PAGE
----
A move towards a ‘partnership trend’ – to help deliver successful transactions at a challenging time.

Having bought, or sold, over 40 hotels over the past few decades, it is fair to say that although the relationship with my buyers (and sellers) has been overall successful, there are very few instances where I could say that the relationship has been one of ‘partnership towards a common goal.’

This has been partly due to the role played by the agents who have traditionally acted more as guardians of the seller’s position, rather than midwife.

Sellers need protection from buyers with either hazy funding plans or who have a downright disingenuous approach to stringing the seller along, often looking to chip the price, once a stage has been reached where the seller has become desperate to conclude the transaction – sometimes through deal fatigue.

Neither of these situations will go away, but in recent times, seller’s agents have become ever more punctilious to see a clear means to fund the purchase, from buyers. This is a lot harder to achieve than might be thought and there are very few buyers who have the full purchase price sitting in their bank account.

In fact, it could well be in the sellers’ best interests to explore a sale, to a buyer who has not yet finally tied up all their funding. ‘Cash’ buyers recognise the power of their position and often want to negotiate a more predatory price, because of it.

Today is, largely speaking a buyer’s market. So how can sellers take steps to encourage a sense of partnership, with the aim of concluding a mutually successful transaction?

Vendor DD

All buyers hate a big surprise, especially anything that will cause the deal to potentially abort. Ideally they want the easiest transaction possible and vendors can help enormously with the process by:

  1. Property DD. Make sure that the property and MEP etc credentials are in great shape. Maintenance contracts are up to date and all warranties and consents etc are available and valid.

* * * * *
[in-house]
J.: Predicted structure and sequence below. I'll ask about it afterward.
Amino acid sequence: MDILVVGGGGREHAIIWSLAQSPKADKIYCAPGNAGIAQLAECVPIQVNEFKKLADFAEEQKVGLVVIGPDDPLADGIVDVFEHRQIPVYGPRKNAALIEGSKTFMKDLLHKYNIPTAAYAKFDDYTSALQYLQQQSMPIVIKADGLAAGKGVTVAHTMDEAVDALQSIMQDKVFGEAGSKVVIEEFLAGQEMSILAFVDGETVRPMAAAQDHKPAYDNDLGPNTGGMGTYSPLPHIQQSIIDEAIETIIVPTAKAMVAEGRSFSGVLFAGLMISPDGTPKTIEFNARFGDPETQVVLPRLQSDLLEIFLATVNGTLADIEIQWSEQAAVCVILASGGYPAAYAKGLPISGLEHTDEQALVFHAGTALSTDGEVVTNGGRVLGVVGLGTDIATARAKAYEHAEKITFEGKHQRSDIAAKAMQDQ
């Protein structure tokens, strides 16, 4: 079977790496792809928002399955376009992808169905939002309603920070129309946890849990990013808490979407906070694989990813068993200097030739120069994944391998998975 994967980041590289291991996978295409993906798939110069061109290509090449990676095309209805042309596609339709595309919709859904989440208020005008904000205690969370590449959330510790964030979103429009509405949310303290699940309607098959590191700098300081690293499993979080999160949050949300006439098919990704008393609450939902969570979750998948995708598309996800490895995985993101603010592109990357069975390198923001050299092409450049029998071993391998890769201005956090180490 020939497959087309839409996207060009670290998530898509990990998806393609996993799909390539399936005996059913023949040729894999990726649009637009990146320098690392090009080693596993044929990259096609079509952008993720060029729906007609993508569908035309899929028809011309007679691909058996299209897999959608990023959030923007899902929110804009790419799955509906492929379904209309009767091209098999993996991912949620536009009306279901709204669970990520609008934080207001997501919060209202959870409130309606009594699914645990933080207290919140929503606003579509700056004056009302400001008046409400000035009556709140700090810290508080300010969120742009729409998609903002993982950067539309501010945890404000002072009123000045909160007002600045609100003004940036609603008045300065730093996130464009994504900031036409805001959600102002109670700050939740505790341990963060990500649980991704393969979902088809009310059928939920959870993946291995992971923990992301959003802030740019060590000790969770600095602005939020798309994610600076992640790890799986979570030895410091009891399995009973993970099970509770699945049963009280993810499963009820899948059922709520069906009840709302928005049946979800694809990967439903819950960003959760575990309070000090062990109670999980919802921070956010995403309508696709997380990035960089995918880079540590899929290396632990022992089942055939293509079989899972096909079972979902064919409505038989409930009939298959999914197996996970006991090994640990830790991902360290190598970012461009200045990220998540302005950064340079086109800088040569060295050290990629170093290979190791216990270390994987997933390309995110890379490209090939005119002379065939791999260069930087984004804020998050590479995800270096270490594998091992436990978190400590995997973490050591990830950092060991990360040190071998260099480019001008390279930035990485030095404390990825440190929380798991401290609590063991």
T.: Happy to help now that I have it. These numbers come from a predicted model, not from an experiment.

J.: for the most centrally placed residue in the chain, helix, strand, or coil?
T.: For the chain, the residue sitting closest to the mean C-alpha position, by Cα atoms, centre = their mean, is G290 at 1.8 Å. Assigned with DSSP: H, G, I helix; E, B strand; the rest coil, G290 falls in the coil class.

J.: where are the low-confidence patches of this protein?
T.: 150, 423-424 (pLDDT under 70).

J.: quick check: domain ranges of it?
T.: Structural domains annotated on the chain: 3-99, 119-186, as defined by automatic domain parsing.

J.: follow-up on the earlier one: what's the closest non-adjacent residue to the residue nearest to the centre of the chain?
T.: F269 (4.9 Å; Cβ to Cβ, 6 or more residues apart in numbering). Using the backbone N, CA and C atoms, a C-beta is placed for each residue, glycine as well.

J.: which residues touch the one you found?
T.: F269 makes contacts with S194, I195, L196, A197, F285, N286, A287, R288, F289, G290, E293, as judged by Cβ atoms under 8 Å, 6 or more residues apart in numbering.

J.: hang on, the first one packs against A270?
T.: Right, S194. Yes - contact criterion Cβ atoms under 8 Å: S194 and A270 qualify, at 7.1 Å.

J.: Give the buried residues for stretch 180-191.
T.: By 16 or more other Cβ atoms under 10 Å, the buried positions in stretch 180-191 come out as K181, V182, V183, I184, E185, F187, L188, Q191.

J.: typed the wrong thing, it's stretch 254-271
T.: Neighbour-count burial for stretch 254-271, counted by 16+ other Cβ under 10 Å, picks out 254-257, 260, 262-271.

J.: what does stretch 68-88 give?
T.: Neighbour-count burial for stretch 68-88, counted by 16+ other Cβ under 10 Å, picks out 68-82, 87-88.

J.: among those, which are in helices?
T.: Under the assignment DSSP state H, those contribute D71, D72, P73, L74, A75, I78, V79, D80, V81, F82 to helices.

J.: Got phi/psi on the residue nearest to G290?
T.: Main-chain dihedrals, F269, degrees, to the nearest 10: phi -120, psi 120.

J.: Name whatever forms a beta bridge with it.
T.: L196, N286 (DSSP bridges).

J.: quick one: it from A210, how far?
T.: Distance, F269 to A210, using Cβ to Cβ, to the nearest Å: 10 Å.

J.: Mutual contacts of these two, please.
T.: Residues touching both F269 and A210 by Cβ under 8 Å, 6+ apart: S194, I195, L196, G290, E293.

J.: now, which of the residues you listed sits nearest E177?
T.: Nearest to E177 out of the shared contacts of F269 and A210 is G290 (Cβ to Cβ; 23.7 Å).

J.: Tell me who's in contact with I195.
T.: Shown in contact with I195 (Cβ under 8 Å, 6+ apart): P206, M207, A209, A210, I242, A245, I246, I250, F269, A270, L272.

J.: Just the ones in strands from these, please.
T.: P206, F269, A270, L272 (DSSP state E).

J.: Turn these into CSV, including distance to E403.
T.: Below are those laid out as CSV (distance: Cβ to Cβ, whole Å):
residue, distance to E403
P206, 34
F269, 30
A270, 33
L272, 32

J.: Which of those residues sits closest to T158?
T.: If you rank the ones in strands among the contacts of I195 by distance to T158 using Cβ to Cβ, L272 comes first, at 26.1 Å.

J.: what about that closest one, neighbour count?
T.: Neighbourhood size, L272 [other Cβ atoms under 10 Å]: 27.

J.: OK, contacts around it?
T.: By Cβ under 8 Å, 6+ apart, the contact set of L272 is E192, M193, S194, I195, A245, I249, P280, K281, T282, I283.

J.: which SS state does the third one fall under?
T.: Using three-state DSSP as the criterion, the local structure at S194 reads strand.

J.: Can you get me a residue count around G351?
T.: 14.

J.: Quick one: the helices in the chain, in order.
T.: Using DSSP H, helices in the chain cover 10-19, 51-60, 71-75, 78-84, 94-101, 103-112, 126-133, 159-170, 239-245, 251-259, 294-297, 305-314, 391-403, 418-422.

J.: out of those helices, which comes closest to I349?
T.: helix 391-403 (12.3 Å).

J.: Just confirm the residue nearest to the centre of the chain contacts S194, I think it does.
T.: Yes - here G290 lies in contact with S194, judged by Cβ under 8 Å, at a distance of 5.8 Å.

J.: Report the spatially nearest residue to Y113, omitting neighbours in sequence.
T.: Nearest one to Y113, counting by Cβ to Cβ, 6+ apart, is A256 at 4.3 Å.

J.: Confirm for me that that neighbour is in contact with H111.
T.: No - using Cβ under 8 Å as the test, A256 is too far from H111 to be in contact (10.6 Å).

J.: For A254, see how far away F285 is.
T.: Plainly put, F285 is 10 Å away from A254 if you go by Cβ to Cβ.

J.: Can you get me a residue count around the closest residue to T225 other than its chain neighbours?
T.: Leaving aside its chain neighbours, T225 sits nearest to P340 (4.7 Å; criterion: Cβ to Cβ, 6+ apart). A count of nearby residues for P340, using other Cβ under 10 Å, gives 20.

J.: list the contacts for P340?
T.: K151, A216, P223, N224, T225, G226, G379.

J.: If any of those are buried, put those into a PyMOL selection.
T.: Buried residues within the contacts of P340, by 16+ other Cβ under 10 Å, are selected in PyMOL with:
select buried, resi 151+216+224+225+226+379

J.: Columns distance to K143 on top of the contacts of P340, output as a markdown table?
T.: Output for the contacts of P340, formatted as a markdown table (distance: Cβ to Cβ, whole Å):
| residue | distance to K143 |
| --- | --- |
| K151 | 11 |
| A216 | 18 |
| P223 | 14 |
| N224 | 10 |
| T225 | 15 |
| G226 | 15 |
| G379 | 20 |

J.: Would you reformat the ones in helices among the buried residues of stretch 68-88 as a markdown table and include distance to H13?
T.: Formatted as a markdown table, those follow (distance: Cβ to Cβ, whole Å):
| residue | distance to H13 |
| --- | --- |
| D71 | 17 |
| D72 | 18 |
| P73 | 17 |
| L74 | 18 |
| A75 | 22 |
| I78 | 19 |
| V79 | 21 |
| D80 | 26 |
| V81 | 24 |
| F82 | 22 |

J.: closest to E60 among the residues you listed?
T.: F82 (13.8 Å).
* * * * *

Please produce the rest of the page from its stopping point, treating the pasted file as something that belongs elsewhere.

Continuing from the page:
2. Legals. The vendors lawyers need to prepare a pack with all the standard replies to enquiries answered and make sure there are no title glitches still to be cleared up – this to be done well ahead of the transaction moving into the legal process stage.


…better called ‘communication’. A 100% clear channel between buyer and seller needs to be set up, with agents in the loop, if necessary. Quite often buyers and sellers feel awkward talking to each other during the legal process, partly due to the role some lawyers play. This is a mistake and I have always found picking up the telephone (or a face-to-face meeting) to my buyer, or seller, as soon as problem occurs, saves time and keeps both parties on the same side of the fence ie both want the transaction to proceed to success.

Bank Finance – working together with the lawyers

It seems to have got progressively harder to move transactions across the line and with senior debt funding now increasingly pricey and (where involved) the bank lawyers appearing to be over-protective of their client’s interest, this part of the transaction, where bank funding is needed to help fund the acquisition, can get very fraught. There is absolutely no doubt that the bank relationship manager and broker (if there is one) have a massive part to play in shepherding this part of the funding package to a successful conclusion. 

Again, seeking to engender a spirit of partnership, is the object here. Lawyers have to protect their clients – but they must also get on, and get the deal done!